American Diabetes Association Scientific Sessions

American Diabetes Association Scientific Sessions

Perspective from Ken Fujioka, MD
Perspective from Derek LeRoith, MD, PhD
June 13, 2016
5 min read

LEADER trial: Victoza lowers risk for CV death, MI, stroke in high-risk type 2 diabetes

Perspective from Ken Fujioka, MD
Perspective from Derek LeRoith, MD, PhD
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NEW ORLEANS — Patients with type 2 diabetes and a history of cardiovascular disease assigned Victoza therapy saw reduced risk for cardiovascular death, nonfatal myocardial infarction and stroke vs. those assigned a placebo, according to an analysis of the LEADER trial results presented at the American Diabetes Association Scientific Sessions.

Results from the Liraglutide Effect and Action in Diabetes — Evaluation of Cardiovascular Outcome Results (LEADER) trial, conducted at 410 sites in 32 countries, showed that, over a mean of 3.8 years, the glucagon-like peptide 1 receptor agonist Victoza (liraglutide, Novo Nordisk), reduced risk for 3-point major adverse cardiac events by 13%, for all-cause death by 15% and for CV death by 22% vs. placebo, while reducing HbA1c and body weight.

John Buse

John B. Buse

The CV results were a surprise to investigators, who predicted liraglutide’s CV benefit would be noninferior to placebo.

“When we started this trial, it was fundamentally designed to assess cardiovascular safety,” John Buse, MD, PhD, the Verne S. Caviness distinguished professor and chief, division of endocrinology at University of North Carolina School of Medicine in Chapel Hill, said during a press conference. “It was beyond our expectations that we would be able to demonstrate cardiovascular efficacy.”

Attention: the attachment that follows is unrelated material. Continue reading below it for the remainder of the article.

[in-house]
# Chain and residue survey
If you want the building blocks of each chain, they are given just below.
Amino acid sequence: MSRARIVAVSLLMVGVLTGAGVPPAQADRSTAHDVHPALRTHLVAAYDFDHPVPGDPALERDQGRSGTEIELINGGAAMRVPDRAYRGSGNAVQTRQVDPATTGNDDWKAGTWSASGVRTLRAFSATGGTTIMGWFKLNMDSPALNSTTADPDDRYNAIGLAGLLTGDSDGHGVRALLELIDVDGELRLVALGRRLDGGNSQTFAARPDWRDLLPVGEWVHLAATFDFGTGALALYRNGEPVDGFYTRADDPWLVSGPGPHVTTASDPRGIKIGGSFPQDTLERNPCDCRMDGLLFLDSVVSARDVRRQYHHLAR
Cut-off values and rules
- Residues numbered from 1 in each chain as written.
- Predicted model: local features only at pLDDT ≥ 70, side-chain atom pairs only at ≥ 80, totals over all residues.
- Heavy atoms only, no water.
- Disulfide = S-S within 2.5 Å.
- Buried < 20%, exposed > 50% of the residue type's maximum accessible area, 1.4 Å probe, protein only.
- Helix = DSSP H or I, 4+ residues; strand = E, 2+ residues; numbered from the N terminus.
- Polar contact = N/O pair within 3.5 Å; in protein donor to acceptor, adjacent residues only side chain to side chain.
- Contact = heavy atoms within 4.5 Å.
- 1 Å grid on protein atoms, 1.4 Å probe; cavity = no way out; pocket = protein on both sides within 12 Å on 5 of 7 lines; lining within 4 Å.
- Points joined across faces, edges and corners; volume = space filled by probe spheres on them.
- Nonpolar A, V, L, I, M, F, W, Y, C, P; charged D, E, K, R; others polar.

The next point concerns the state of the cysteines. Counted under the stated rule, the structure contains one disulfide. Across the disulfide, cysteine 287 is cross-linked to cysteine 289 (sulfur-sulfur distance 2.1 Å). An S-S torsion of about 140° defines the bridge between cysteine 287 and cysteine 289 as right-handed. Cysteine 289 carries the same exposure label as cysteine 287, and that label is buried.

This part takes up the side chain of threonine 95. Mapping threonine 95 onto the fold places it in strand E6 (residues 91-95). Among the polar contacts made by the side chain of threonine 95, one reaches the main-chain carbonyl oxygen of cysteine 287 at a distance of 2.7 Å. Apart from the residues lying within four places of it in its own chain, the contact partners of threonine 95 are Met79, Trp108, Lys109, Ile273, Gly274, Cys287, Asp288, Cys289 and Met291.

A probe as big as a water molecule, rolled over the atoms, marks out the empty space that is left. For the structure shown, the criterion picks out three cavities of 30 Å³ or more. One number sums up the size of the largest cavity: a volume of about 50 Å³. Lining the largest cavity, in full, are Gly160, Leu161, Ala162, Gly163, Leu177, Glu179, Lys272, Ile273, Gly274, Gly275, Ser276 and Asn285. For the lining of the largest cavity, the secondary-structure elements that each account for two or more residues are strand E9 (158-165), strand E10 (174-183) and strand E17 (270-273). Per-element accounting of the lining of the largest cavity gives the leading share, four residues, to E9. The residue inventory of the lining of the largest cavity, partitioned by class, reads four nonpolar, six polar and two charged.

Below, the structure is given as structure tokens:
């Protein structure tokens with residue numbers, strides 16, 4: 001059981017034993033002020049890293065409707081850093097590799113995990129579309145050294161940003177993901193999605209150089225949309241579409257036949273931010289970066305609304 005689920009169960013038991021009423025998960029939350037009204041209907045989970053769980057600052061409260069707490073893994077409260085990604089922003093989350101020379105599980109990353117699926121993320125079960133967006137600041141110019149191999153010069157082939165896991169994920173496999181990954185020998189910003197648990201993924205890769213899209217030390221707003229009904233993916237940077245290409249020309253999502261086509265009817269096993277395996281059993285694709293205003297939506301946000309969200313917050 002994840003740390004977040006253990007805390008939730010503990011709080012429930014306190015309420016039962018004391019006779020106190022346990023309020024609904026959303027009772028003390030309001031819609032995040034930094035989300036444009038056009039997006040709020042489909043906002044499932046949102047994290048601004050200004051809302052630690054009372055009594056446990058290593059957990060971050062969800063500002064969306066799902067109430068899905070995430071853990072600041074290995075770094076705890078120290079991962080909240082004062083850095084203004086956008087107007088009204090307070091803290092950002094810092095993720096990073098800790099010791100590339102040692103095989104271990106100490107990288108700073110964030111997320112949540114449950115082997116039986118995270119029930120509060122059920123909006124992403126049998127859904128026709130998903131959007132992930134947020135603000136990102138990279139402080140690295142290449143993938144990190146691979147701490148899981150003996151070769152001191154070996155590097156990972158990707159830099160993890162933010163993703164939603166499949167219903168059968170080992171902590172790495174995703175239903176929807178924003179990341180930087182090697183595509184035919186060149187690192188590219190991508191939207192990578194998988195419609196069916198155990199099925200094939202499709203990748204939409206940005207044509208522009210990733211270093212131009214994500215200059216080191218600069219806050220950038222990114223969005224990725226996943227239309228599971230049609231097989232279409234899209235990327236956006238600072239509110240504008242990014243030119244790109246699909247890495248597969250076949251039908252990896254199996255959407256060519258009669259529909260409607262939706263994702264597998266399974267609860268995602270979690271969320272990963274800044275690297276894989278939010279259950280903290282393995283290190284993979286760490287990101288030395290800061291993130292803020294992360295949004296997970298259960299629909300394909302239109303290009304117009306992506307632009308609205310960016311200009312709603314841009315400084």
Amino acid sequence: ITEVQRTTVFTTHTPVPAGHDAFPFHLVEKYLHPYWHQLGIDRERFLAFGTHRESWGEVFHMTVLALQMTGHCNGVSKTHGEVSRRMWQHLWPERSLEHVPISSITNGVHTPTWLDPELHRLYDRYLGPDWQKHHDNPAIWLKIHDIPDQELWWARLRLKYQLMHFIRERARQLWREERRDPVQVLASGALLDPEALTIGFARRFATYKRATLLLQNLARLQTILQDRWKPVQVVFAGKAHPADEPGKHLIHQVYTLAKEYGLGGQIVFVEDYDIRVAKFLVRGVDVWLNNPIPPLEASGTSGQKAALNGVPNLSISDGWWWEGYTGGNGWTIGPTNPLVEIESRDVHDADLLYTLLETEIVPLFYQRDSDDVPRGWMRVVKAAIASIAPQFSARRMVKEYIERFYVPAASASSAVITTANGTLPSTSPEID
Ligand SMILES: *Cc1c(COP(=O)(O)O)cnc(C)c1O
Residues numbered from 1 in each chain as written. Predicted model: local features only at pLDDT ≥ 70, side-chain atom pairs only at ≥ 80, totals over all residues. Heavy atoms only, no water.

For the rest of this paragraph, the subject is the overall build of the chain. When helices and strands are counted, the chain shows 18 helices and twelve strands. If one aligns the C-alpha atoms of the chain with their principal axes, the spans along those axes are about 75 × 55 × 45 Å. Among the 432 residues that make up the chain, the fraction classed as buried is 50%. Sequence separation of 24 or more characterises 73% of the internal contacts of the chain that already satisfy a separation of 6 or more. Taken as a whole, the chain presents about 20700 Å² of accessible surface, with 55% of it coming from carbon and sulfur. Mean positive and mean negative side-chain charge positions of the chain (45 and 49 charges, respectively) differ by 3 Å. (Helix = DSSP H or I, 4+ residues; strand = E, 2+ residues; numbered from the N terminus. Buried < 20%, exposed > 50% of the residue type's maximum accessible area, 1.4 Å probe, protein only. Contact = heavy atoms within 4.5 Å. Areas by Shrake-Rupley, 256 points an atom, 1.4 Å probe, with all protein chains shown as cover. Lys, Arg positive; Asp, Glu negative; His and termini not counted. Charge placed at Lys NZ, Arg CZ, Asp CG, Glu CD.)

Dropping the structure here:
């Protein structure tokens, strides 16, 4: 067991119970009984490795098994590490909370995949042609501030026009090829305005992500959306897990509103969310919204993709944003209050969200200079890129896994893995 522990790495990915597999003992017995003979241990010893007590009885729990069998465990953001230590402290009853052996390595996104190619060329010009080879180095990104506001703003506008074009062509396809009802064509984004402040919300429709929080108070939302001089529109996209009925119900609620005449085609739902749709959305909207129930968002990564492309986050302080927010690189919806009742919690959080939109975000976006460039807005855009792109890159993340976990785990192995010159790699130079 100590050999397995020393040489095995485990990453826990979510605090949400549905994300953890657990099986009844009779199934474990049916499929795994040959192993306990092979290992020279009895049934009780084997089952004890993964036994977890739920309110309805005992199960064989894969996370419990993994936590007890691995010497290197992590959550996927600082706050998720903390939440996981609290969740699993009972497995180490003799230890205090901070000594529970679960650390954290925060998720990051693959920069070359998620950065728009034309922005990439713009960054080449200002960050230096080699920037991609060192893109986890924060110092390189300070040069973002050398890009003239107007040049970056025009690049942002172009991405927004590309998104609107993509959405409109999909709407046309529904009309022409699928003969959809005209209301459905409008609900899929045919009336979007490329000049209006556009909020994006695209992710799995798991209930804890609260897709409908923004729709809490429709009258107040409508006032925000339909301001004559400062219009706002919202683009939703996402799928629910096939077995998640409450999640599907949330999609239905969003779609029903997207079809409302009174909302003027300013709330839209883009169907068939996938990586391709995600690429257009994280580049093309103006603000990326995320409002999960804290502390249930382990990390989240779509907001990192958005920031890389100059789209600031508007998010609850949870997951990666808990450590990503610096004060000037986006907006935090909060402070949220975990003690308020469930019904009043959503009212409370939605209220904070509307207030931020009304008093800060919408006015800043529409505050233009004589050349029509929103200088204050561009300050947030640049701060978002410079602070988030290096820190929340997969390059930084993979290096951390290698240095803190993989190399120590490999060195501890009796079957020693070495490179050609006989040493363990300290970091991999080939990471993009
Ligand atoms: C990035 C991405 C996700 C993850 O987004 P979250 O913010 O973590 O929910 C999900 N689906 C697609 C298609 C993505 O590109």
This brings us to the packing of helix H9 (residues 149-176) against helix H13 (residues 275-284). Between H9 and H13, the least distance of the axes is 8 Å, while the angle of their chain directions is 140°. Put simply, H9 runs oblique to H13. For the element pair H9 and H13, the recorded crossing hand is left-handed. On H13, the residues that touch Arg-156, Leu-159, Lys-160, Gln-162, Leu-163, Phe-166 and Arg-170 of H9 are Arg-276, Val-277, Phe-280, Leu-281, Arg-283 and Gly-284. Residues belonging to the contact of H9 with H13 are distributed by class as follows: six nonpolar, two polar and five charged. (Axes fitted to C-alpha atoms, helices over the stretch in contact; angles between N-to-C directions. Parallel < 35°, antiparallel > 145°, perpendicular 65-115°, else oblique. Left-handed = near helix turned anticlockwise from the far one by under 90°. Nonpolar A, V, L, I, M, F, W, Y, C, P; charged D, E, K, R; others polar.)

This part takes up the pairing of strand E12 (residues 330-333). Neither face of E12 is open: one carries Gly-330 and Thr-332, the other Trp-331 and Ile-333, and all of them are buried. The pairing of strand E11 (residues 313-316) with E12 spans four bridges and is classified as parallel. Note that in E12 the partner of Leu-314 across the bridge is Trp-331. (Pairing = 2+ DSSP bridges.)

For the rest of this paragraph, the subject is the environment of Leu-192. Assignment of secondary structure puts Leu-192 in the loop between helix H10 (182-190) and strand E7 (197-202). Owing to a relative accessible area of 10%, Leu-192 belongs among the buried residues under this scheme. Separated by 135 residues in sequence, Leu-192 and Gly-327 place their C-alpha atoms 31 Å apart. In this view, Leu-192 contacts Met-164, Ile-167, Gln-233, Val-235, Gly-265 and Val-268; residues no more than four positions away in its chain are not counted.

Study design

In a double blind, randomized controlled trial, researchers analyzed data from 9,340 patients aged at least 50 years with poorly controlled type 2 diabetes (HbA1c of 7% or greater) who were taking any combination of oral antidiabetic therapy and/or basal or premixed insulin, or were drug naïve. Participants had established CVD or chronic renal failure, or were aged at least 60 years and had risk factors for CVD. Researchers randomly assigned patients daily liraglutide therapy, beginning at 1.2 mg and increasing to 1.8 mg based on tolerance (n = 4,668), or placebo injection (n = 4,672). Participant characteristics were similar across groups (mean age, 64 years; 64% men; mean diabetes duration, 13 years; mean HbA1c, 8.7%; mean BMI, 32.5 kg/m²); 73% had prior CVD. Researchers assessed patients at 1, 3 and 6 months, then every 6 months for up to 5 years.

Primary outcome was the time to first occurrence of 3-point major adverse cardiac event (CV death, nonfatal MI or nonfatal stroke); secondary outcomes included time to first occurrence of expanded composite CV outcome, which included coronary revascularization, unstable angina or hospitalization for heart failure, as well as all-cause death and each individual component of CV outcome.

Patients were treated to a target HbA1c of 7% or less (individualized depending on patient), target blood pressure of 130/80 mm Hg, target LDL cholesterol of less than 100 mg/dL (or less than 70 mg/dL in patients with prior CV events) and aspirin therapy for patients with prior CV events.

Cardiovascular results

Over a mean follow-up period of 3.8 years, fewer patients in the liraglutide group experienced a primary CV outcome vs. those assigned placebo (13% vs. 14.9%), for an HR of 0.87 (95% CI, 0.78-0.97) and a 1.9% absolute risk reduction.

“If you look at the Kaplan Meier curve, there’s early separation [between groups] that becomes very apparent by 12 months, and the lines continue to diverge over time, suggesting a sustained benefit for liraglutide therapy in this population,” Steven Marso, MD, medical director of interventional cardiology and professor of medicine at University of Texas Southwestern Medical Center in Dallas, said during a press conference.